Pop a Pill if the Sun Doesn't Shine on You
Aug 17 2015 Read 1383 Times
The Scientific Advisory Committee on Nutrition — a UK government body that advises on public health issues relating to nutrition — recently published a draft recommendation stating that almost every adult and child in the UK should take a vitamin D supplement.
Let’s take a look behind the headlines and find out a little about vitamin D, and how chromatography is used to analyse plasma for vitamin D. First, why do we need vitamin D?
What is vitamin D used for?
Vitamin D plays a crucial role in the body — it helps regulates the amount of calcium in our body which is used to build and maintain our skeleton. A lack of vitamin D in children can cause rickets, a painful condition that leads to bone deformities such as bowed legs; in adults the same condition leads to weakened bones and an increased risk of osteomalacia — a softening of the bones.
Vitamin D is also linked with the functioning of many different genes and there is some research that suggests the vitamin plays a role in fighting some diseases.
In the strictest sense, vitamin D is not really a vitamin at all. Vitamins are essential nutrients that cannot be made in the body — we get them from our diet — but we make vitamin D in the body.
The ‘Sunshine vitamin’
Humans get our vitamin D from two sources, diet or sunshine. It is very difficult to get the amount of vitamin D we need from our diet. The main sources are oily fish, offal and fortified foods like breakfast cereals — but the amounts we need to eat to get a recommended dose means we cannot rely on foods to get the vitamin D we need.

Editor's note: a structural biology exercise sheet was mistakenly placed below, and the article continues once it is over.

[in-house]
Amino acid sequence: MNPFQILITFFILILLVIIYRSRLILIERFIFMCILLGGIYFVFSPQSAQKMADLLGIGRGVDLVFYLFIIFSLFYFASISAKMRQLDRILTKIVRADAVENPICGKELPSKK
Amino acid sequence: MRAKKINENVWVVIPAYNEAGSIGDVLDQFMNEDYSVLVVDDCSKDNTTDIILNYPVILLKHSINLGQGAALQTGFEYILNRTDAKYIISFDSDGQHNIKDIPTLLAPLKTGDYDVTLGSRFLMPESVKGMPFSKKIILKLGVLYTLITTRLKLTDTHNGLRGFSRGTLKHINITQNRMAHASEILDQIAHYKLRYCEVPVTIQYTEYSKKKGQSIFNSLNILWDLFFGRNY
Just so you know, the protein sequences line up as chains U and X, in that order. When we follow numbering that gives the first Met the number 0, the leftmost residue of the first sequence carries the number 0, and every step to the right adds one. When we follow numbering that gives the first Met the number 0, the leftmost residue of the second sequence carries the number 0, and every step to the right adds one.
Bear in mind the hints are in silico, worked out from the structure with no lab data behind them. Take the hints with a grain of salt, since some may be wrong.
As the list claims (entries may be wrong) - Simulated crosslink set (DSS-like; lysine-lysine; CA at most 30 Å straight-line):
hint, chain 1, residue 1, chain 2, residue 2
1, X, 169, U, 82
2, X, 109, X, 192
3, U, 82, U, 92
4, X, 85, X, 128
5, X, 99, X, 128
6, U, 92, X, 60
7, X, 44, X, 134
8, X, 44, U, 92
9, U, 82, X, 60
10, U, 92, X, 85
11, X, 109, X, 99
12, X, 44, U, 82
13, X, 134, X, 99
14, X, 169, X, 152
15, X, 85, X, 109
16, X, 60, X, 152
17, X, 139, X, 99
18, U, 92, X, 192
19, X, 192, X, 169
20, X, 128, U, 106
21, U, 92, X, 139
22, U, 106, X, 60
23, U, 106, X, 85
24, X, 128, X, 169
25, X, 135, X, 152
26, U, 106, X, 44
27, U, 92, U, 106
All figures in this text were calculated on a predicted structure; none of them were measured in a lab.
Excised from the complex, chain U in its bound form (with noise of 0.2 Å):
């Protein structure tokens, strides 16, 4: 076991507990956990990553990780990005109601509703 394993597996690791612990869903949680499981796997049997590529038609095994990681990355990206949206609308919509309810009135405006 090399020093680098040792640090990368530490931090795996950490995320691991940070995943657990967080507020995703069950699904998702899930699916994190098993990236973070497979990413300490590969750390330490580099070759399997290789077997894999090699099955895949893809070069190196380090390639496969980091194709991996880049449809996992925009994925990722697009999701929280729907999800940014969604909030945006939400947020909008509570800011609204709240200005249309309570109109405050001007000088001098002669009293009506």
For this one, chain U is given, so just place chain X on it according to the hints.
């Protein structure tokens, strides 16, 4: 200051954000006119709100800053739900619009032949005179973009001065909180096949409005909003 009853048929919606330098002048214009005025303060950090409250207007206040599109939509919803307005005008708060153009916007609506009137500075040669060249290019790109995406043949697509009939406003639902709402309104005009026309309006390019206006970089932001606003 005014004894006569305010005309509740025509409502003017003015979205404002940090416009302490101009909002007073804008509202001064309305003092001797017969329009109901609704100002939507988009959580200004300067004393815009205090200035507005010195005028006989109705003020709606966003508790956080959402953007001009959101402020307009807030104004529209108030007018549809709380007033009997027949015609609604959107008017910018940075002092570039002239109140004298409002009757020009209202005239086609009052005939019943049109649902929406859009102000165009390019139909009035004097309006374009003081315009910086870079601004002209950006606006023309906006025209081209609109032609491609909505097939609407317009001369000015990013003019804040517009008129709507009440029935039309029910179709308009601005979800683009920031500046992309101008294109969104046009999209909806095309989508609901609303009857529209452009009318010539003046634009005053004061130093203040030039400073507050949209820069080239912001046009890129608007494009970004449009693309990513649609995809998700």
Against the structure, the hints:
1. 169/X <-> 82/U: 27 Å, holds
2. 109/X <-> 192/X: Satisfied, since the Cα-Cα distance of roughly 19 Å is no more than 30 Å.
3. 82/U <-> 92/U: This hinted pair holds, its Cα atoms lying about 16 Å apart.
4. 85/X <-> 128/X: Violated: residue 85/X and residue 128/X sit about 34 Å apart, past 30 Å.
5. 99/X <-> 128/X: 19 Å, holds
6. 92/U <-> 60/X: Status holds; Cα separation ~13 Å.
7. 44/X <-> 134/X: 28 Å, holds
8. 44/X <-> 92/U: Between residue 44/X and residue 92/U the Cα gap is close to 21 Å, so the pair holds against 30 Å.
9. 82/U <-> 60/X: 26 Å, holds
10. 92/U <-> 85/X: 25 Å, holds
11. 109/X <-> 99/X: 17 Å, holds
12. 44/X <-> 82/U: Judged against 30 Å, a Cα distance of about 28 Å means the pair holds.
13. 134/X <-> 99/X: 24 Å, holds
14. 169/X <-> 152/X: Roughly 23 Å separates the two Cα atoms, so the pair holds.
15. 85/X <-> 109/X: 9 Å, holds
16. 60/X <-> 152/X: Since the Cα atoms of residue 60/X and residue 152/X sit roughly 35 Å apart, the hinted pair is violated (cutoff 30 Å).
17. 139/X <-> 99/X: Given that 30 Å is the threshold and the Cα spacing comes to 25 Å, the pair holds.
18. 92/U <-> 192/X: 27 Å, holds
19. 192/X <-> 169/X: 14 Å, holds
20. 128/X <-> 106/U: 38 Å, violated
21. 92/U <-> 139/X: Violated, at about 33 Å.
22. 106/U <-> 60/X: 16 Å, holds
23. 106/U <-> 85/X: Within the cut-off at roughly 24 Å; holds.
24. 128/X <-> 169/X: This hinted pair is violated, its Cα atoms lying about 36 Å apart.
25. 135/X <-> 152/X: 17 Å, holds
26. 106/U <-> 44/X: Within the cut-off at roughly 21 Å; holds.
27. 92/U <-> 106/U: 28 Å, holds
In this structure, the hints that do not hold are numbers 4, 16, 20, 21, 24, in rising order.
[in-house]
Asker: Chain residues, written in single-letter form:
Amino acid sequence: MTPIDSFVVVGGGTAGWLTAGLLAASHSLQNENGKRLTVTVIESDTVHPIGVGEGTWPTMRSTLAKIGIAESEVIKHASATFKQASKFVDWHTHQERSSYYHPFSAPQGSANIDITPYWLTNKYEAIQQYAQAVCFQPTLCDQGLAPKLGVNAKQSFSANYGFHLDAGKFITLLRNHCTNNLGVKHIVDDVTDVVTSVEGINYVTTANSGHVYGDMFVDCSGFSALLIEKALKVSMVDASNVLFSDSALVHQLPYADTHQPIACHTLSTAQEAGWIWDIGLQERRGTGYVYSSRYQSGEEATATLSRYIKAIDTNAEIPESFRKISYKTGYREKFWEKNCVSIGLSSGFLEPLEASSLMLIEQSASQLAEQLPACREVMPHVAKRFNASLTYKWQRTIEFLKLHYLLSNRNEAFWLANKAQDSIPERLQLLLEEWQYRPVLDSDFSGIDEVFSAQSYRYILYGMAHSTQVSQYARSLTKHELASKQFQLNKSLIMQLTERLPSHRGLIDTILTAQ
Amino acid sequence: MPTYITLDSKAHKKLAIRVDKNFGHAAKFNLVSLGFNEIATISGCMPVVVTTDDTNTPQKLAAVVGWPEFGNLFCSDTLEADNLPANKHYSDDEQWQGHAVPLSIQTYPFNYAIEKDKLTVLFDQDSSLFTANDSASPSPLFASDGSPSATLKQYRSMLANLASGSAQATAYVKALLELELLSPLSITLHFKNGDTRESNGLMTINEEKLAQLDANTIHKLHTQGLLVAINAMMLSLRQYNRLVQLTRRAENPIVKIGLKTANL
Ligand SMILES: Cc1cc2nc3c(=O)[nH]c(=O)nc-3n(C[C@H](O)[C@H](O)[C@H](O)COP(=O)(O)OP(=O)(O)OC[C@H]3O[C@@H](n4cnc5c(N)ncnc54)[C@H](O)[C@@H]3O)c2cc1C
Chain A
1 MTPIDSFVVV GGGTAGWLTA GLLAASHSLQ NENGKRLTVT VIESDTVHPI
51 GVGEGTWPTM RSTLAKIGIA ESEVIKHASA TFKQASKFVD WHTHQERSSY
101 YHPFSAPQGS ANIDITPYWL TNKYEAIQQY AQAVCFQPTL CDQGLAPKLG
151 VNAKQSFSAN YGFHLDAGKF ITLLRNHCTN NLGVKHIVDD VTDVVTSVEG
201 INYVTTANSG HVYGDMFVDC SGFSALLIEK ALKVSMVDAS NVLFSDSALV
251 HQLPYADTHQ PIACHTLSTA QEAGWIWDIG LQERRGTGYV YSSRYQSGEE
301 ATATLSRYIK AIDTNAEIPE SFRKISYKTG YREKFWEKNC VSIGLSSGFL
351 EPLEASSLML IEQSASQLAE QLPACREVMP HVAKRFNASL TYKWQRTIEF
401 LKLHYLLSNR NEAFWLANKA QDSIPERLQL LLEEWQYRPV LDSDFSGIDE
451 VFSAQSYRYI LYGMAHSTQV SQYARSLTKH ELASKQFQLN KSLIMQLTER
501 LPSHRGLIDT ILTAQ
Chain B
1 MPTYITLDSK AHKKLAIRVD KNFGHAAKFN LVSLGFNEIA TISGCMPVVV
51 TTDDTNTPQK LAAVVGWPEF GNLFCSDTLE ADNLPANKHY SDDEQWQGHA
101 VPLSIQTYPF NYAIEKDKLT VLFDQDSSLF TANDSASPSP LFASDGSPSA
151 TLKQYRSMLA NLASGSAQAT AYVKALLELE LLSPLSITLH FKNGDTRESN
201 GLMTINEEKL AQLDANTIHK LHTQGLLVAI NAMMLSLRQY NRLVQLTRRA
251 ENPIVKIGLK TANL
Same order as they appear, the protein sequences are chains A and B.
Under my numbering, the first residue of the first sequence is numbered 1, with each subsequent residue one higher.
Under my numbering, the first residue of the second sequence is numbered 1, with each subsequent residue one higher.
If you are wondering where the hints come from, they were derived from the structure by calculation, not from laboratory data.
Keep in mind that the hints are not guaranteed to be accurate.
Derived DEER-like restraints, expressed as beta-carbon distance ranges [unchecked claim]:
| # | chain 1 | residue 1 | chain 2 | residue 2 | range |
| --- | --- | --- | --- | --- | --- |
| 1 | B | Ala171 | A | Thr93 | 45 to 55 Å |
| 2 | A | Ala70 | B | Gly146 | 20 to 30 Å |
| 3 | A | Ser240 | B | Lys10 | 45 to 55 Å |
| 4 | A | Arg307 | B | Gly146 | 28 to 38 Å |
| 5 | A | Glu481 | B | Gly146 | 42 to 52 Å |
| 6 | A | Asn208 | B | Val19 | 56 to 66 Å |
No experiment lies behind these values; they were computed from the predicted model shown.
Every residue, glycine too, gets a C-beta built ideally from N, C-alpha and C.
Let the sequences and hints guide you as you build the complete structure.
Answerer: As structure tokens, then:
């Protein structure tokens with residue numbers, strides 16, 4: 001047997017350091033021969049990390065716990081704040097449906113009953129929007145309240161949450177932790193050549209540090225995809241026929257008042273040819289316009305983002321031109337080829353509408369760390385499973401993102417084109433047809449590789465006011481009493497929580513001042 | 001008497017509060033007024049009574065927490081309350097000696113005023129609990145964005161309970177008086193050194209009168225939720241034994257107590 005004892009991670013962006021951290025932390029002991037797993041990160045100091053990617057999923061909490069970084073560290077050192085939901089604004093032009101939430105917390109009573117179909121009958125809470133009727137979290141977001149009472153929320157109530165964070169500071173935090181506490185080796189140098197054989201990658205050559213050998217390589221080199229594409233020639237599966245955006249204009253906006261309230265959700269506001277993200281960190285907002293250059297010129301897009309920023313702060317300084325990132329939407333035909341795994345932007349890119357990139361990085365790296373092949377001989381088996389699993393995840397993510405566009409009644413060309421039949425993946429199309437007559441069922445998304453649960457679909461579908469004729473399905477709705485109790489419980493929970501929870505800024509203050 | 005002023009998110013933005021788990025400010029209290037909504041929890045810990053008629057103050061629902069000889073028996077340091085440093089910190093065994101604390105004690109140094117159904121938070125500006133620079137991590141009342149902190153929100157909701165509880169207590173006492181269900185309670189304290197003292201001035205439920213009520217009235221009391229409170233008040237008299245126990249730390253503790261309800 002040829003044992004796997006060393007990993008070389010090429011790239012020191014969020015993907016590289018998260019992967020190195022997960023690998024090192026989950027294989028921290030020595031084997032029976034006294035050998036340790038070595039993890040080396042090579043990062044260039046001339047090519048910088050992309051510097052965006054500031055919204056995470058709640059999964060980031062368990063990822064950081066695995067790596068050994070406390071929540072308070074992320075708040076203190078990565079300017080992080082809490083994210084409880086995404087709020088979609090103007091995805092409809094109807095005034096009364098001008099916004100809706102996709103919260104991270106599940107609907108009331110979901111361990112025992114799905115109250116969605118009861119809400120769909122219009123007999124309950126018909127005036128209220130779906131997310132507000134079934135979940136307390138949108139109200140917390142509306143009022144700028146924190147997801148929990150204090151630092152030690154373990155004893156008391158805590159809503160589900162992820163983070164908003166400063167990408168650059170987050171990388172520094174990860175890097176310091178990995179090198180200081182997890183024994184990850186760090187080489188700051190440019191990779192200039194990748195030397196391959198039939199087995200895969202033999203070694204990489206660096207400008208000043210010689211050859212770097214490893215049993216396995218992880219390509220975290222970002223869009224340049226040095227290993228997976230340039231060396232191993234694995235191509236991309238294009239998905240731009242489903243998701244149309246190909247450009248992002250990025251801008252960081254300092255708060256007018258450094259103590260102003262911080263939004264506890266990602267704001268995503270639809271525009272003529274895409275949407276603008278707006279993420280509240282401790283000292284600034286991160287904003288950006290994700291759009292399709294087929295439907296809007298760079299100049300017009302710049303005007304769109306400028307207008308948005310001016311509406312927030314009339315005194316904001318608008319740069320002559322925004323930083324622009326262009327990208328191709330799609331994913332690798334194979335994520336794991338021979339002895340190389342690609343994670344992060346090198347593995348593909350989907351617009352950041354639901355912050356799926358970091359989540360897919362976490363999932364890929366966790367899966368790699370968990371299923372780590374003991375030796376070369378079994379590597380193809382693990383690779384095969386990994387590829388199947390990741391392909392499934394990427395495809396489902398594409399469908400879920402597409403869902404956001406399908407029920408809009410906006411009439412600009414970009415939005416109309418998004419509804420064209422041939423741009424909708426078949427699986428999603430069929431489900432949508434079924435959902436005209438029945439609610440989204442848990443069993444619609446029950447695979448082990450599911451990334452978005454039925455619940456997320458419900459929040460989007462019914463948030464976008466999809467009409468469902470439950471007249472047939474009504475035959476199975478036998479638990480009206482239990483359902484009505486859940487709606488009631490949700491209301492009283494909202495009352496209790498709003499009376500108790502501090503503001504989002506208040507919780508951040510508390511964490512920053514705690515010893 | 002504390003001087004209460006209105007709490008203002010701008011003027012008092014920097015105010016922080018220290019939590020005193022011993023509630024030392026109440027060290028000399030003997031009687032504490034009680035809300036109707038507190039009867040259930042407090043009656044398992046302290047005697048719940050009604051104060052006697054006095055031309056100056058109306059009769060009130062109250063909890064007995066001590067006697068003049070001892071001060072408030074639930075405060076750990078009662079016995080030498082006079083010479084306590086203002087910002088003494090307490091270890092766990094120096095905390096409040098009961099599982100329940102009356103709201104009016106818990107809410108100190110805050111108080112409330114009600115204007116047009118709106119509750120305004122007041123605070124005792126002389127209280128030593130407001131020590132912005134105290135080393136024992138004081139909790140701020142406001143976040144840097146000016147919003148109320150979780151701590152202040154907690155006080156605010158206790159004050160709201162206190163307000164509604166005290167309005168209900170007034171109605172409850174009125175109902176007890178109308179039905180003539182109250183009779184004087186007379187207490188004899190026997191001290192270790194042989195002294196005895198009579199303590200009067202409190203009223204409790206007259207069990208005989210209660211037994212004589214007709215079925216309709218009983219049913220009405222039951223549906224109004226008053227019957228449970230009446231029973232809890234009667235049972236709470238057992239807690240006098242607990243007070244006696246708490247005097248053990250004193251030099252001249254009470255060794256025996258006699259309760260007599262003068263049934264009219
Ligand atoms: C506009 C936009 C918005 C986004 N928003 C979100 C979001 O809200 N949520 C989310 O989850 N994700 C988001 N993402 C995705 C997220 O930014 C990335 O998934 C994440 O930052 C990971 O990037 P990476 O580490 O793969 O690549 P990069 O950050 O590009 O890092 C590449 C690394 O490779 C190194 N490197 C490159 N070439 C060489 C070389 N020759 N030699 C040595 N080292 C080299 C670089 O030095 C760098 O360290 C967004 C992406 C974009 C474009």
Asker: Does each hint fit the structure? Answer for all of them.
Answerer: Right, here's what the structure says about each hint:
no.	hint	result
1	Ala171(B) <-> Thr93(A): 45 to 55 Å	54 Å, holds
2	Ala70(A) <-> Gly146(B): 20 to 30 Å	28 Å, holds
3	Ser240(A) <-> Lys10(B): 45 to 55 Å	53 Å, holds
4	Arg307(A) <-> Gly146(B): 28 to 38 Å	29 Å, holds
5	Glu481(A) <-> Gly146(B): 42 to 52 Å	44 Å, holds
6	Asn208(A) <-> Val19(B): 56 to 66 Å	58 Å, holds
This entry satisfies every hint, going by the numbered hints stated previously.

Instead, our main source of vitamin D is from sunlight, or more specifically the UVB light we get from the Sun. When UVB is incident on the body it starts a process that eventually ends up making vitamin D. And the problem in the UK is the lack of UVB in the sunlight we get.
UVB is scattered as sunlight passes through the Earth’s atmosphere — and at latitudes away from the Equator, the sunlight passes through more of the Earth’s atmosphere — meaning the UK gets less UVB than the countries near the Equator.
The amount of UVB the UK gets is sufficient in the summer months for most people to make enough of the vitamin D needed; but the UK doesn’t get enough sunlight in winter to maintain our vitamin D levels. Hence the need for a top-up.
Measuring vitamin D
Vitamin D is difficult to analyse in blood serum, and most tests usually rely on a precursor or metabolite concentration. Some of the problems with vitamin D analysis are discussed in this article, Development of a Highly Selective LC/MS Assay for Vitamin D Metabolites at Chromatography Today.
Image by AdinaVoicu via Pixabay.
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